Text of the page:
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ARS Home » Plains Area » Bushland, Texas » Conservation and Production Research Laboratory » Livestock Nutrient Management Research » Research » Publications at this Location » Publication #229203

Title: Comprehensive history of windmills

item Clark, Ray

Submitted to: Windpower
Publication Type: Book / Chapter
Publication Acceptance Date: 7/21/2008
Publication Date: 8/1/2008
Citation: Clark, R.N. 2008. Comprehensive history of windmills. In: Gillis, C. editor/author. Windpower. Atglen, PA:Schiffer Publishing Ltd. p. 4.

Interpretive Summary:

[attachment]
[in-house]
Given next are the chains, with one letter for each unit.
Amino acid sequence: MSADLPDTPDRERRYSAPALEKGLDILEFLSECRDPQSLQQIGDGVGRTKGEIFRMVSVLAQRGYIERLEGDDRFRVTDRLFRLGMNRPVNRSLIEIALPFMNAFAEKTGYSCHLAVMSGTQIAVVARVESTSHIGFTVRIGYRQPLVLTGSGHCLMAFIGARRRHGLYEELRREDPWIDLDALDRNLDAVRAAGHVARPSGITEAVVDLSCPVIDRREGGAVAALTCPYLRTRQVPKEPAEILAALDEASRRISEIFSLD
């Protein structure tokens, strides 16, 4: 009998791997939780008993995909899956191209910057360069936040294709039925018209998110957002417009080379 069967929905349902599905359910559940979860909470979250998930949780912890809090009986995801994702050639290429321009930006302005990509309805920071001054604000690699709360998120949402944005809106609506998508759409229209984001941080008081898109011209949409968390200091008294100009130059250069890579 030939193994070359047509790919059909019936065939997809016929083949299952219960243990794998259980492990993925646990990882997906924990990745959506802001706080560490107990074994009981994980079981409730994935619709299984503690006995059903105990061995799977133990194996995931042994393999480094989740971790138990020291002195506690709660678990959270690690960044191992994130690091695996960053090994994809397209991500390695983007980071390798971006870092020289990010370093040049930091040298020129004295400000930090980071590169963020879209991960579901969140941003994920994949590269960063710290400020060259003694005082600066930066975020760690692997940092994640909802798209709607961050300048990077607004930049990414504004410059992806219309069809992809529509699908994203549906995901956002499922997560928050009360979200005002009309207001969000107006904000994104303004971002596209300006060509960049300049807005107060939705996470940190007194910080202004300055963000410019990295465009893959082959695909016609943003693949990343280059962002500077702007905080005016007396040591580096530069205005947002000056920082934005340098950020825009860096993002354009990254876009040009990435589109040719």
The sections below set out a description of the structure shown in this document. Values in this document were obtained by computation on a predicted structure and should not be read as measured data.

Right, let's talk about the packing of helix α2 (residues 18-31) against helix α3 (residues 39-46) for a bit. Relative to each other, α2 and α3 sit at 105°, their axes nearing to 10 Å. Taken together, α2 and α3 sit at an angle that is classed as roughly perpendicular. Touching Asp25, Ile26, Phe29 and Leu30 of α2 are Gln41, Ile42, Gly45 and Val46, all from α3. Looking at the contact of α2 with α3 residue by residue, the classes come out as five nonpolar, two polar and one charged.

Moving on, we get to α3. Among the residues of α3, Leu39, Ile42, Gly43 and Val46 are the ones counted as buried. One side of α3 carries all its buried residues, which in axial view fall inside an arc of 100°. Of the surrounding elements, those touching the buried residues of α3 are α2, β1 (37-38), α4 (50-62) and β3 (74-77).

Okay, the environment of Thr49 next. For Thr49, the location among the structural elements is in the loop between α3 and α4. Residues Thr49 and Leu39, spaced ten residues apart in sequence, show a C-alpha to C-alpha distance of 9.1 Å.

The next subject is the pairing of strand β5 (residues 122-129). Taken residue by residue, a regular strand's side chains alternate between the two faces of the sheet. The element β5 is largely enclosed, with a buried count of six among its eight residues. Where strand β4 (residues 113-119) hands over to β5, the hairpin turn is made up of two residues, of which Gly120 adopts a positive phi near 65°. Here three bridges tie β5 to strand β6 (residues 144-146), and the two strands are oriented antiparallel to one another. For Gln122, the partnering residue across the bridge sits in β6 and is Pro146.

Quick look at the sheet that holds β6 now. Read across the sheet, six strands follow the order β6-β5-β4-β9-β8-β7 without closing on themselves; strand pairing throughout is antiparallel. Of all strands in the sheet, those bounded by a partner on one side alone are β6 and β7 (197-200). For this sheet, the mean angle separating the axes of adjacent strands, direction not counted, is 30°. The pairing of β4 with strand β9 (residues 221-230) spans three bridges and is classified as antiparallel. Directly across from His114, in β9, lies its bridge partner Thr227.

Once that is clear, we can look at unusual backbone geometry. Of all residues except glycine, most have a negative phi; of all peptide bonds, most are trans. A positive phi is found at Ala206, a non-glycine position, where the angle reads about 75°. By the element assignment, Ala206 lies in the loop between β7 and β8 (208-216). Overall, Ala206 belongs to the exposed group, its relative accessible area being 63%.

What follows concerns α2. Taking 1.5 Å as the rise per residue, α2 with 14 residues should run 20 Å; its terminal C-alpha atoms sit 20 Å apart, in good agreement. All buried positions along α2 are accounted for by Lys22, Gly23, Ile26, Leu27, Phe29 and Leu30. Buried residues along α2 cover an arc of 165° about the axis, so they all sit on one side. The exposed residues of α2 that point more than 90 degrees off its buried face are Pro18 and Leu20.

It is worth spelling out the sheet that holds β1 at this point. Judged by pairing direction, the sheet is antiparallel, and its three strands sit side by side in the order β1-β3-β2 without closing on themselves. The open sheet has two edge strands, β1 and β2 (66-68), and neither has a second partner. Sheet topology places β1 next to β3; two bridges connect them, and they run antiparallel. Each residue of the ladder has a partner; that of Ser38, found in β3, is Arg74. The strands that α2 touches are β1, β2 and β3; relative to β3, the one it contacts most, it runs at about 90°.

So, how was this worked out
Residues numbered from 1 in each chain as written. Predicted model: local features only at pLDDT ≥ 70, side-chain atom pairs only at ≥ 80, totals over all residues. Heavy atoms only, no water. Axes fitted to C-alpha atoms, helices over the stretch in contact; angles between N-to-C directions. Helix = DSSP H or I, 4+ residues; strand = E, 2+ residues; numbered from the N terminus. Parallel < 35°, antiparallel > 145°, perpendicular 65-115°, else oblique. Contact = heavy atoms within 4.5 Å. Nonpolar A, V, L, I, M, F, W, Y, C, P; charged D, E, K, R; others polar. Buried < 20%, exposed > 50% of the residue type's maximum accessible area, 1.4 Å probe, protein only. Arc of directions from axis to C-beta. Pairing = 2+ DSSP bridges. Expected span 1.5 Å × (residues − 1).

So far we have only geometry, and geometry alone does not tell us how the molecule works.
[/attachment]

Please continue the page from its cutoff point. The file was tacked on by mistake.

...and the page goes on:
Technical Abstract: The Wind Power Industry in America has had four distinct periods of development beginning with the early settlers bring the European technology to America. The settlers found that the European designs did not provide the flexibility to capture and withstand the fickle weather, especially in the Midwest. The American windmills that were self-regulating and pivoting blades in high winds were introduced in 1857. The Eclipse windmill was the first to use a solid wheel and a side vane to turn the rotor out of the wind as rotor speed increased. These water pumping windmills provided year-around water supplies that allowed much of the Great Plains and Midwest to be settled between 1870 and 1920. The third distinct period was the use of wind power to generate electricity. Small units were installed to charge batteries that would supply lights for the kitchen and bathroom with enough extra power to listen to the radio for an hour or so in the evening. The Jacobs Wind Electric Company reported selling tens of thousands of these units between 1931 and 1957. Most of these machines were removed when the Rural Electrification Administration (REA) installed electric power lines. With increased cost of fuel in the 1970s, wind enthusiasts and the U.S. Government started developing wind systems using modern aerodynamics learned from the helicopter and aerospace industries. The first major wind installations occurred in California during the 1984 to 1986 time period when almost 15,000 turbines were installed. The wind research and development program of the U.S. Department of Energy contain six program missions. The wind characteristics and wind maps were studied by Battelle Northwest Laboratories. The Solar Energy Research Institute was responsible for innovative and unproven technologies. NASA designed and built four different prototype large machines ranging from 100 kW to 2000 kW. Sandia National Laboratories designed and developed the vertical-axis technology, leading to a commercial company installing almost 1500 units in California during the 1980s. Rockwell International designed and developed small machines of 8, 15, and 40 kW. Two partnering companies developed their designs into commercial products that were part of the California installations of the 1980s. Finally, the USDA-Agricultural Research Service developed controller interfaces to allow these modern turbines to be used in rural and remote applications like water pumping, cooling mild and farm products, and ventilating animal buildings. At the same time that wind research and development was started in the United States, the Europeans were hard at work also. When the California market opened in 1983, the Europeans were ready with their machines as well. About half of all machines installed in California were European. Ever since that time, the wind industry has been an international industry with international competition. The U.S. wind industry struggled through almost two decades of on-again and off-again energy policies, resulting in the Europeans taking the lead in wind turbine technology and at one time leaving the U.S. with only one manufacturer of utility sized machines. Several U.S. small machine manufacturers managed to produce enough revenue to remain in business through the 1990s. As world energy prices began to climb as the 21st century started, wind turbine manufacturers began to see increased sales and individual states starting to establish renewable energy portfolio standards. These state renewable energy standards required electric utilities to add renewable energy to their generation mix. The wind industry was ready to meet this demand. Wind electric power production has increased at about 25% per year for the last five years making it the fastest growing power generation technology. Today, the leading manufacturers of utility wind turbines are located